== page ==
Oregon/UCLA Breakdown

UCLA-13, #2 Oregon-60

Well, let’s not mince words: Oregon’s offense is unreal. I mean, if you’re looking for an offense that is just plain fun to watch (so long as you’re not on the opposing team) then look no further. Right now the 2 of you who willingly slog through my novel-sized Saturdays in Review are saying, “Bones, last week you whined and complained like a pathetic little schoolgirl about the Auburn/Arkansas score because you claim to like ‘defensive football.’ Now you’re telling me that this fifty some-odd point per game offense is ‘fun to watch.’ You’re a hypocrite who uses too many run-on sentences and/or sentence fragments depending on the week!”

Allow me to address these complaints: First off, hi, Mom. Sorry about all of the misplaced commas.

Secondly, I did not say that I don’t appreciate a good offense. I just hate watching bad defense. 65-43 is not good offense. It’s really just awful defense on both sides’ part. Oregon’s offense takes good defenses and shreds them. UCLA didn’t look bad on defense. Their players were doing everything they needed to, tackling and going to the football with speed and aggressiveness. They were actually tackling for the most part (no team does 100% of the time). The Ducks were just finding holes in the UCLA line, and the game was out of hand by the end of the first half.

I know I’m gonna sound like Lee Corso here as I point out the stupidly obvious, but every defense has holes. It is a physical impossibility for a defense to cover all 53.3 yards of the field’s width AND however many yards of the field’s length lay between the line of scrimmage and the goal line. The best defenses cover their general area, and they slow down or stop offenses by knocking down passes and tackling running backs as quickly as they possibly can. Unless a defense is playing a team that is utterly inferior to them, they won’t hold their opponents to 0 yards or less. It happens, but it’s rare. So rare, in fact, that even slaughter games usually feature at least some offense of some sort from the team on the losing end. The Alabama Crimson Tide, for example, have a top-10 defense in terms of points and yards allowed. Yet even lowly Duke scored 13 on the Tide starters in a 62-13 snore fest.

To put it another way, defenses are the equivalent of playing with the black pieces in chess. For you non-chess players out there, black goes second. The black pieces are forced to be reactionary until white makes a mistake and black is able to take the initiative. Defense is, by its very nature, reactionary. The offense determines the style of the game; a triple option offense forces the opposing defense to play differently than they would against a spread. A 4-3 defense does not make a triple option team begin passing the football. Furthermore, a quick offensive change will normally net points or yards and force a defense to make changes, whereas a quick defensive change might net points, but will usually just create a stop or cause a turnover. That’s certainly not a bad thing, but it doesn’t show up on the scoreboard, which means that the average fan who just looks at scores for teams that he doesn’t root for will not really notice it. Even the most mediocre offenses will score (Last place San Jose State scores about 9 points per game), and even the best defenses will allow points (Sheer coincidence: 1st place TCU allows about 9 points per game).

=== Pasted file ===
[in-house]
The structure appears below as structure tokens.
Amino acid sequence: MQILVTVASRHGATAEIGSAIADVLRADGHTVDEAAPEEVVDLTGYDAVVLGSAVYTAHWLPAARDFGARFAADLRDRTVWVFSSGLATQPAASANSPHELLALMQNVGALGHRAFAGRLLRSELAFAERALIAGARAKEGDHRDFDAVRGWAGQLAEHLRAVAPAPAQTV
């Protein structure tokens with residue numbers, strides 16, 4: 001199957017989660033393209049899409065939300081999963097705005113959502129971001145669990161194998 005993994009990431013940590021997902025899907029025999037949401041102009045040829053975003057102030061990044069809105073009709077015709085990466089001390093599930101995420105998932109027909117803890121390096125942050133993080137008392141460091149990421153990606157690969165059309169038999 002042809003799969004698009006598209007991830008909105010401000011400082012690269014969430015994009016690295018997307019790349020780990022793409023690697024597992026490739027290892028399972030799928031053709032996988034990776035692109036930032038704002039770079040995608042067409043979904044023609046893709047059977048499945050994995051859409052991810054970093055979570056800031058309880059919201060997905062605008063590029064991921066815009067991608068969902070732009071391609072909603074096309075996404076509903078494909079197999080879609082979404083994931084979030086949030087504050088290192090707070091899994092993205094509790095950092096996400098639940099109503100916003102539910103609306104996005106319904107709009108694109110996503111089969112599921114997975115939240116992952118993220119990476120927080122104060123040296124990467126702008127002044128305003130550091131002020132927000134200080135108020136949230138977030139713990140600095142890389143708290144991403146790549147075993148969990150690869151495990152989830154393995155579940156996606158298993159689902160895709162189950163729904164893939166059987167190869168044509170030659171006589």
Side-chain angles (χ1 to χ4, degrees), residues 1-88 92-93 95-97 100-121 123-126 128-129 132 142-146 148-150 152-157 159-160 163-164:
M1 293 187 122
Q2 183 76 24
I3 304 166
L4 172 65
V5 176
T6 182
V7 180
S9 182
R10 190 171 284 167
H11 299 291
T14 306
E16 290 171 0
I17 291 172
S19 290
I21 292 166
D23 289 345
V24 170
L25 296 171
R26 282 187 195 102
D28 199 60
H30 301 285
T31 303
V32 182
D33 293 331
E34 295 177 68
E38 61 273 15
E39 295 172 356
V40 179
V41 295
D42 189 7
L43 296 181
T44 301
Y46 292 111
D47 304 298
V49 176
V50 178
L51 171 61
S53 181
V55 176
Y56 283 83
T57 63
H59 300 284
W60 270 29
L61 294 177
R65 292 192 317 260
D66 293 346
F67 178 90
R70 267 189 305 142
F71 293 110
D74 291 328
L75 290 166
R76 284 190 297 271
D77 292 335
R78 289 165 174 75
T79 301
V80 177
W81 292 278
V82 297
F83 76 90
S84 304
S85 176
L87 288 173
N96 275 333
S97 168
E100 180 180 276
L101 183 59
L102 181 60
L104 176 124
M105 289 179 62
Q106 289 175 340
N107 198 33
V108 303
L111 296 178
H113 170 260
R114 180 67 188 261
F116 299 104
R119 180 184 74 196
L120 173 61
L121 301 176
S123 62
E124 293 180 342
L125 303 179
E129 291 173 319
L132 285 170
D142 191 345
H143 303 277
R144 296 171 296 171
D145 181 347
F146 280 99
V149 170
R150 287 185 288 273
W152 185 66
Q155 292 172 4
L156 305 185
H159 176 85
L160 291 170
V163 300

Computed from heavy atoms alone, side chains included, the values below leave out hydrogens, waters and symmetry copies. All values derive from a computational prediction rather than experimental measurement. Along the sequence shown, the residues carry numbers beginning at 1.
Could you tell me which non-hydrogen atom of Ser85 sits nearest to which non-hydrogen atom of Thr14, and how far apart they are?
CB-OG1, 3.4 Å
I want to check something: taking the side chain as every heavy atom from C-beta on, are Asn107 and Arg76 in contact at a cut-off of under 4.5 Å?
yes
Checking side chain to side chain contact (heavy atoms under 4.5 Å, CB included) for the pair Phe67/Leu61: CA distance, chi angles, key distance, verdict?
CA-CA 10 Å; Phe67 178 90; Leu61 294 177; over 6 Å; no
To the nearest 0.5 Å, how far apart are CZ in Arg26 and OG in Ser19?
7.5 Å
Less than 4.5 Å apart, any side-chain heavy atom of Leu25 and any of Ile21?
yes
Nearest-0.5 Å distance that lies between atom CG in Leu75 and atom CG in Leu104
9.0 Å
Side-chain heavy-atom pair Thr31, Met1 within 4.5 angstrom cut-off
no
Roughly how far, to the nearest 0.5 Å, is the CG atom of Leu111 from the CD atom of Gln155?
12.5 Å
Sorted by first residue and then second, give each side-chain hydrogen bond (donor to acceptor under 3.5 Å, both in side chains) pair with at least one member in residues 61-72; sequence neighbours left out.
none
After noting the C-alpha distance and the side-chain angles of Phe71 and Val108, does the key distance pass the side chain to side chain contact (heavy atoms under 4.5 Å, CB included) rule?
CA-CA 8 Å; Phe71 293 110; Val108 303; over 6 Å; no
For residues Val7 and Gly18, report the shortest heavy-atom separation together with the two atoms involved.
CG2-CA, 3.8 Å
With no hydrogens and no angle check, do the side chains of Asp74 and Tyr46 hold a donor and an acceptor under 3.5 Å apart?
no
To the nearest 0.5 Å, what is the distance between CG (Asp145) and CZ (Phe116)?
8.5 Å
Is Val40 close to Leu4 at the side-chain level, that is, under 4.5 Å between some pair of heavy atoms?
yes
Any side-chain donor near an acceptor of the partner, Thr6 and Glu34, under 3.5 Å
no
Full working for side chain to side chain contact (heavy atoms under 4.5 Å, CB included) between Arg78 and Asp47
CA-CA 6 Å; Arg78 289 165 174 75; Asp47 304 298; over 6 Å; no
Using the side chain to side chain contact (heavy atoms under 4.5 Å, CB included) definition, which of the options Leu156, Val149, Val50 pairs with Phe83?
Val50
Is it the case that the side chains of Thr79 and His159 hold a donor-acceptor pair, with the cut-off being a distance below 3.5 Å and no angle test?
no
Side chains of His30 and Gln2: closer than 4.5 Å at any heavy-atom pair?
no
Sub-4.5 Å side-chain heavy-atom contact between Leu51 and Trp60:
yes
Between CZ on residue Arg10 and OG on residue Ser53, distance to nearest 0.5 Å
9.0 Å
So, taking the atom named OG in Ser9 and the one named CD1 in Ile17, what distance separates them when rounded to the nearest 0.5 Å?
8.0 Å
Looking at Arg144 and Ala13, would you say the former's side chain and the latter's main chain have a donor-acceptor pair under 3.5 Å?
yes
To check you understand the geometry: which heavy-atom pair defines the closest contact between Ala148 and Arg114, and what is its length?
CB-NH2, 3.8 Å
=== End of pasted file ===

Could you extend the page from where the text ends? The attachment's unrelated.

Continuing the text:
Somewhere in there, there’s a point. And that point is that an offense like Oregon’s is not remarkable because they score, but because of how much they score. (Duh.) They find holes like no offense I’ve seen, and in doing so they make the defenses they face look silly. Oregon’s backups scored a touchdown in 4 plays on UCLA’s starters in the 4th quarter. The Ducks didn’t punt until 6:31 in the 4th. Most terrifying of all, the Ducks’ defense is good, too. They’re not big, but they’re quick. Oregon is the front runner in a good Pac-10, but the road is not without pitfalls. Next Saturday’s trip to Southern Cal, a game against a good Arizona squad, and the rivalry game with Oregon State are all big games for the Ducks, but there’s a very real chance that Autzen’s favorite team could play in the National Title game. There’s also a chance they wind up in the Holiday Bowl if they lose all 3 of those games, so I guess we’ll all just have to wait and see.

Some random notes from the game: Oregon’s uniforms are still ugly…UCLA did do one thing offensively: they finally scored on Oregon in the 4th quarter. Mind you, that was against the Ducks’ backups, but life’s little victories are what keeps us all going…Does it seem cruel to anyone else to make the Duck mascot do pushups for every point?…Why do commentators insist on reminding us that Southern Cal has “found their rhythm?” What sense does that make? Yeah, they’ve lost 2 of their last 3, but they beat a .500 team in Cal! Southern California: football powerhouse. Give me a break!…And that’s it for now. Sorry to any UCLA fans who are offended by their team’s 4 mentions in this 900 word article, but if your team had shown up I wouldn’t have had to write all about Oregon. Here’s looking forward to Saturday!